Warpaths: Invasions of North America, 1613-1765

By Ian K. Steele. (New York and Oxford: Oxford University Press, 1994. Pp. 282. Cloth $25.00. Paper $16.95.)

Over the past several decades, the field of military history has been subjected to an intense and often harsh reappraisal within the historical profession. Prior to the explosion of social history in the late 1960s and early 1970s, military history, alongside its traditional cousin, political history, was the crux of most American historical scholarship. However, the emerging social historians of the 1970s, seeking to uncover the experience of average Americans, cast hefty dispersions against the typical biases of old military history, which too often lent itself to failings of the "great men" theory of history. Under the reproachful guard of these social historians, much of what once constituted scholarly military history gradually disappeared. In its place appeared the popular military history which is so prevalent today. Aimed at the public audience rather than the historical community, this hybrid of military history has only served to further weaken the credibility of the military field within the discipline. Yet, despite the objections of the social historians and their successors, the cultural historians, military history , once given up for dead, is making a comeback. Historians have begun to question the restraints placed upon military history, and have found that by casting aside the relevance of violent conflict, social historians have ignored a major element in the history of the American nation.[1] The military history currently being produced, however, is quite dissimilar from that which once dominated the historical profession. Blending the traditional elements of military history with the best tenants of social and cultural history, this "new" military history intertwines aspects of the various sub-genres of history in an effort to display what revolutionary historian Don Higginbotham has termed "the wider dimensions of conflict."[2]

Ian Steele's Warpaths: Invasions of North America is representative of such a work. Forging the unlikely marriage of ethnohistory and military history, Steele offers a tantalizing new interpretation of the colonial settlement of the North American continent. Primary to his study is the complex relationship between the European invaders and the Native American population, or Amerindians as Steele refers to them. Steele focuses his energies on dispelling the stereotypical versions of colonial American history, clearly illustrating that North America was neither an uninhabited expanse discovered by the Europeans nor a Garden of Eden, where Amerindian nations dwelt in perfect harmony alongside each other in a land of plenty until the arrival of the European invaders, whose voracious appetite for land and wealth drove the Amerindians from their peaceful habitation and forever destroyed their pristine paradise. What Steele calls "an invitation to rethink a major aspect of early North American History," (preface) is in essence an authoritative and essential reinterpretation of the collision of fragmented cultures.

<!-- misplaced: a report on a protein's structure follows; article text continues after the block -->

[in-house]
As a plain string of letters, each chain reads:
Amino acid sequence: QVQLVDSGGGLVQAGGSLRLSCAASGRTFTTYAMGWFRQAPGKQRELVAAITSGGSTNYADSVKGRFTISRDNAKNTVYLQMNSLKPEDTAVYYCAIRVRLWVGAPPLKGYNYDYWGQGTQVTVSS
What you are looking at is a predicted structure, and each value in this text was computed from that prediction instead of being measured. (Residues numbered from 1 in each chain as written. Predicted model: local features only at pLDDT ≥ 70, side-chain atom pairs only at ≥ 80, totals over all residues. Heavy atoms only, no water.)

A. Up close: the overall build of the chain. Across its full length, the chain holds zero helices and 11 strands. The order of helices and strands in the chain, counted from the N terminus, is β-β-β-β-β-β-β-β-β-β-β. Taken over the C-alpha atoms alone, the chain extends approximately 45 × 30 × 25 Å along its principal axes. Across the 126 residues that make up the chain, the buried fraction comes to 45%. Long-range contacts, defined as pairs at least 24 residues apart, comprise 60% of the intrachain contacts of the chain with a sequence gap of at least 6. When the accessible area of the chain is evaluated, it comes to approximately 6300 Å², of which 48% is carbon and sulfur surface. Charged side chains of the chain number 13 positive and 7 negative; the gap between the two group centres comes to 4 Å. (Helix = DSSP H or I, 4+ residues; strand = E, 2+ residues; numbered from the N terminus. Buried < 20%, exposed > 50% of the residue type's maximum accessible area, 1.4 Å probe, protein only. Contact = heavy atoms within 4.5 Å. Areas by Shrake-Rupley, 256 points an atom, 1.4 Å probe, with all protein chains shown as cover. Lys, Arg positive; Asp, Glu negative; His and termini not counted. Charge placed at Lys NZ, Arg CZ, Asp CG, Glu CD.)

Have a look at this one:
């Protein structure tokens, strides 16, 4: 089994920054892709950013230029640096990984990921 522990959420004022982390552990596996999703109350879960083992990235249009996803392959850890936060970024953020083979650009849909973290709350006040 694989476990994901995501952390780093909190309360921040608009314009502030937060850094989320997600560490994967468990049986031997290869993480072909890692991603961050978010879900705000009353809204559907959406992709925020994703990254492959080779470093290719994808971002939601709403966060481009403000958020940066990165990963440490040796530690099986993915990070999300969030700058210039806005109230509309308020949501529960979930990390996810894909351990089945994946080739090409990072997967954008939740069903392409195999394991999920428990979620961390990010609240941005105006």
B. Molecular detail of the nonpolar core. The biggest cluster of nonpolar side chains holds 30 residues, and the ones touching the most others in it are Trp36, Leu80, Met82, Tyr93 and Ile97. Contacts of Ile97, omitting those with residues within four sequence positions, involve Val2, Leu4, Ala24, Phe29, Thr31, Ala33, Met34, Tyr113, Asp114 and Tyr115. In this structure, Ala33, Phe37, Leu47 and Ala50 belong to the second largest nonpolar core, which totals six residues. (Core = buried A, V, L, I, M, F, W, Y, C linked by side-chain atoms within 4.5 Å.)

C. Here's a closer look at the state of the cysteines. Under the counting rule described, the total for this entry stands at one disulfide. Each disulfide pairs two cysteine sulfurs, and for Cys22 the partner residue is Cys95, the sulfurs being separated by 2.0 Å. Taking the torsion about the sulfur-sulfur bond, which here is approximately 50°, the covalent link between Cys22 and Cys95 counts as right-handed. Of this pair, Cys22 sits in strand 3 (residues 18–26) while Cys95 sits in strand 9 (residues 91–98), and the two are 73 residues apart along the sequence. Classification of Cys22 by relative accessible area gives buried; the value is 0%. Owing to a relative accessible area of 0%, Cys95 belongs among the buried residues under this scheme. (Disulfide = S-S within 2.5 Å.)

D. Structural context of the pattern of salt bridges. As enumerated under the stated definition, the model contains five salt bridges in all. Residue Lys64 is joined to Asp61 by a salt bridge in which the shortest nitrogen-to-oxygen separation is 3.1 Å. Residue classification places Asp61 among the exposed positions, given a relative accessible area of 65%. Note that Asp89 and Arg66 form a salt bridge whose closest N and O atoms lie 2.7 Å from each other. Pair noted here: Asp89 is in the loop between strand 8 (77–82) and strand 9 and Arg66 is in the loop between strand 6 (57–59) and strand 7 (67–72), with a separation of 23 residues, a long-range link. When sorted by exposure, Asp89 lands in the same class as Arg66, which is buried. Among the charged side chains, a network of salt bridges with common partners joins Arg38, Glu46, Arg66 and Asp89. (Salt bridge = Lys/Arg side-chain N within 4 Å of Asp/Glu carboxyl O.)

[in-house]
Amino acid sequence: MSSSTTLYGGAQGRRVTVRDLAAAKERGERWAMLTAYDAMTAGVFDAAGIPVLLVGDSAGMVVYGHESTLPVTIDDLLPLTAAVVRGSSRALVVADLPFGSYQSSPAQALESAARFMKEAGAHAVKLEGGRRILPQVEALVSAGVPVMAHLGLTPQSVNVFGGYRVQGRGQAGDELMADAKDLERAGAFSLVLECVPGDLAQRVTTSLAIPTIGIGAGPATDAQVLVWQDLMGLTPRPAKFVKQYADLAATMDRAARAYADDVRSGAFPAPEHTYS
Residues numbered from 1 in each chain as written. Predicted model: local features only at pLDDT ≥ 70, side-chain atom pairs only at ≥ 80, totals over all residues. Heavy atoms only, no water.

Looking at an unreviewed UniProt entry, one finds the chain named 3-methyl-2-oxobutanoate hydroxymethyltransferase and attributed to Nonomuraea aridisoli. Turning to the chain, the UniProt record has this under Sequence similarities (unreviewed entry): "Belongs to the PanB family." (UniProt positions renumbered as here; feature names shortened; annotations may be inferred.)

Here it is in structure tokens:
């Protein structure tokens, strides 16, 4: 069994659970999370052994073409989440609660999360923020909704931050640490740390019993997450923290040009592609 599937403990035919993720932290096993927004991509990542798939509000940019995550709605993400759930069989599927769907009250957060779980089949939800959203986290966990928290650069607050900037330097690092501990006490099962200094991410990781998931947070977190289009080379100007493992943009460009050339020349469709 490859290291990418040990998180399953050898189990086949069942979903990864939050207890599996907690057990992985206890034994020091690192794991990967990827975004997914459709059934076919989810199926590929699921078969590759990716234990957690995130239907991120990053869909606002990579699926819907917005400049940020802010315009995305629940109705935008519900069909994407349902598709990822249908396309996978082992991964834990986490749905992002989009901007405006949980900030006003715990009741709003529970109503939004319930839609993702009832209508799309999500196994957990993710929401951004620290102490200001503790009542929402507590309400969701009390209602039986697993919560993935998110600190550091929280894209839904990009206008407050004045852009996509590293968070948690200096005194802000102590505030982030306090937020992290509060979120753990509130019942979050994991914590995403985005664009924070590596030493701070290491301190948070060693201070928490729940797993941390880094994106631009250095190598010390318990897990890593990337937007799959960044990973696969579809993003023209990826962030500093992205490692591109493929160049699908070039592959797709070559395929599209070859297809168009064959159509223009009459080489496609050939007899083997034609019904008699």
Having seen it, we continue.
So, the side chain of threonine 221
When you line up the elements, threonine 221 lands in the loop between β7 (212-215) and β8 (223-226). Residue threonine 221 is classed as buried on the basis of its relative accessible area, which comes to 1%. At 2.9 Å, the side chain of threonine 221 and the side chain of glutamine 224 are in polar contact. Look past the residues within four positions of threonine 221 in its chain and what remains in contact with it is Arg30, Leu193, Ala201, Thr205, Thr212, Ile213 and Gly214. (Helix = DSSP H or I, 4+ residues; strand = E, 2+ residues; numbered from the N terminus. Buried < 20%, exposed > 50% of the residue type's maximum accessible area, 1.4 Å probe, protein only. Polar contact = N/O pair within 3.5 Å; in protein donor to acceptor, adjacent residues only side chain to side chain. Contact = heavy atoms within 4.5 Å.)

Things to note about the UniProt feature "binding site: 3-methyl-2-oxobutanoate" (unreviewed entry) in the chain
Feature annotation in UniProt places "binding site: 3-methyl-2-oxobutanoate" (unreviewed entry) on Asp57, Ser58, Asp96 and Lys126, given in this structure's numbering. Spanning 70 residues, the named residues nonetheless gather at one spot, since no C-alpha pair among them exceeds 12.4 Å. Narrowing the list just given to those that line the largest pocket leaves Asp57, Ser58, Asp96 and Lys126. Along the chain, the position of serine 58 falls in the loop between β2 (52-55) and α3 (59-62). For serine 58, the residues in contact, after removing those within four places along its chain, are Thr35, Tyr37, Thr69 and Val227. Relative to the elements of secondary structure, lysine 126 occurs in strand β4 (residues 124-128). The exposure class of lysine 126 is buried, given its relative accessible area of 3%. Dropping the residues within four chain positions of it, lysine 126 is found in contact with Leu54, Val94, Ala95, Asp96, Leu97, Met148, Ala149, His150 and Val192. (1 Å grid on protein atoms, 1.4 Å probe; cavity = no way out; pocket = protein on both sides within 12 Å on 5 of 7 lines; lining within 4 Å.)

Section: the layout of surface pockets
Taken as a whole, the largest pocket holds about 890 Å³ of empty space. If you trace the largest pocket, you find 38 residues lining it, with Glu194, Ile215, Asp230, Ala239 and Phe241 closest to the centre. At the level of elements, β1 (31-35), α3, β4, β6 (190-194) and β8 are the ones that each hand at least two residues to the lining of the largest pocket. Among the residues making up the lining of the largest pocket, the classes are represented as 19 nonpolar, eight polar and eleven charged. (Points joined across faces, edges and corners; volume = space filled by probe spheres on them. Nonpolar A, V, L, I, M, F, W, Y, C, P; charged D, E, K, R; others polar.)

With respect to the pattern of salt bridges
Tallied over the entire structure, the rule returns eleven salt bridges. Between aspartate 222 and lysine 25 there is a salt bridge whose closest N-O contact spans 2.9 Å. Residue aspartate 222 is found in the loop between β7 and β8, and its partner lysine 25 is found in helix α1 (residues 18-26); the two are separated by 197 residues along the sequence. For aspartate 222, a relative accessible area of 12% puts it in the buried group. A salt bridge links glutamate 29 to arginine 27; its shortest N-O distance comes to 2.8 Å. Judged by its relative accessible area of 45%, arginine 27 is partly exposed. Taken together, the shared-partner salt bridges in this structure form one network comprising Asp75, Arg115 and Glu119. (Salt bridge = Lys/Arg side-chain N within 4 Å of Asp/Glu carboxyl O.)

As ethnohistory implies, racial considerations are of vital importance to Steele's interpretation. Steele argues that the relationship between the white Europeans and the native peoples of North America, along with the difficulties and violence associated with their interaction, have been in the past oversimplified to considerations of white versus red, European against Indian. Such oversimplification along racial lines has not been significantly challenged, as it remains an obvious realization that European colonists did fight the native populations for control of the continent. However, implicit within such an oversimplification is the belief that it was a united front of Amerindians which opposed European encroachment, a concept of racial opposition which does not hold true under Steele's examination.

Steele's primary objection to the racial opposition mold is his assertion that Amerindians were never united in opposition to the colonists. For that matter, neither were the European invaders until after the American Revolution. Neither group was able to set aside longstanding differences and dislikes with one another in order to oppose the enemy in unison. A Critical question asked by historians for over a century centers upon how such a relatively small number of European invaders could have defeated the various native peoples of North America, who enjoyed a considerable numerical superiority. Numerous explanations have been espoused, ranging from the technological superiority of the Europeans, in the form of firearms and tools, to disease and biological warfare. Steele does not seek to deny the importance of technology or the biological ramifications of disease, but he does assert that these factors were not the primary reasons that the Amerindians lost their long struggle for North America. As Steele deftly illustrates, Amerindians, armed with their traditional bows and arrows, were often able to defeat Europeans equipped with matchlocks and snaphances. Similarly, disease, which devastated many Amerindian communities, failed to significantly weaken the fighting capacity of native warriors to the point that they were outnumbered by the Europeans.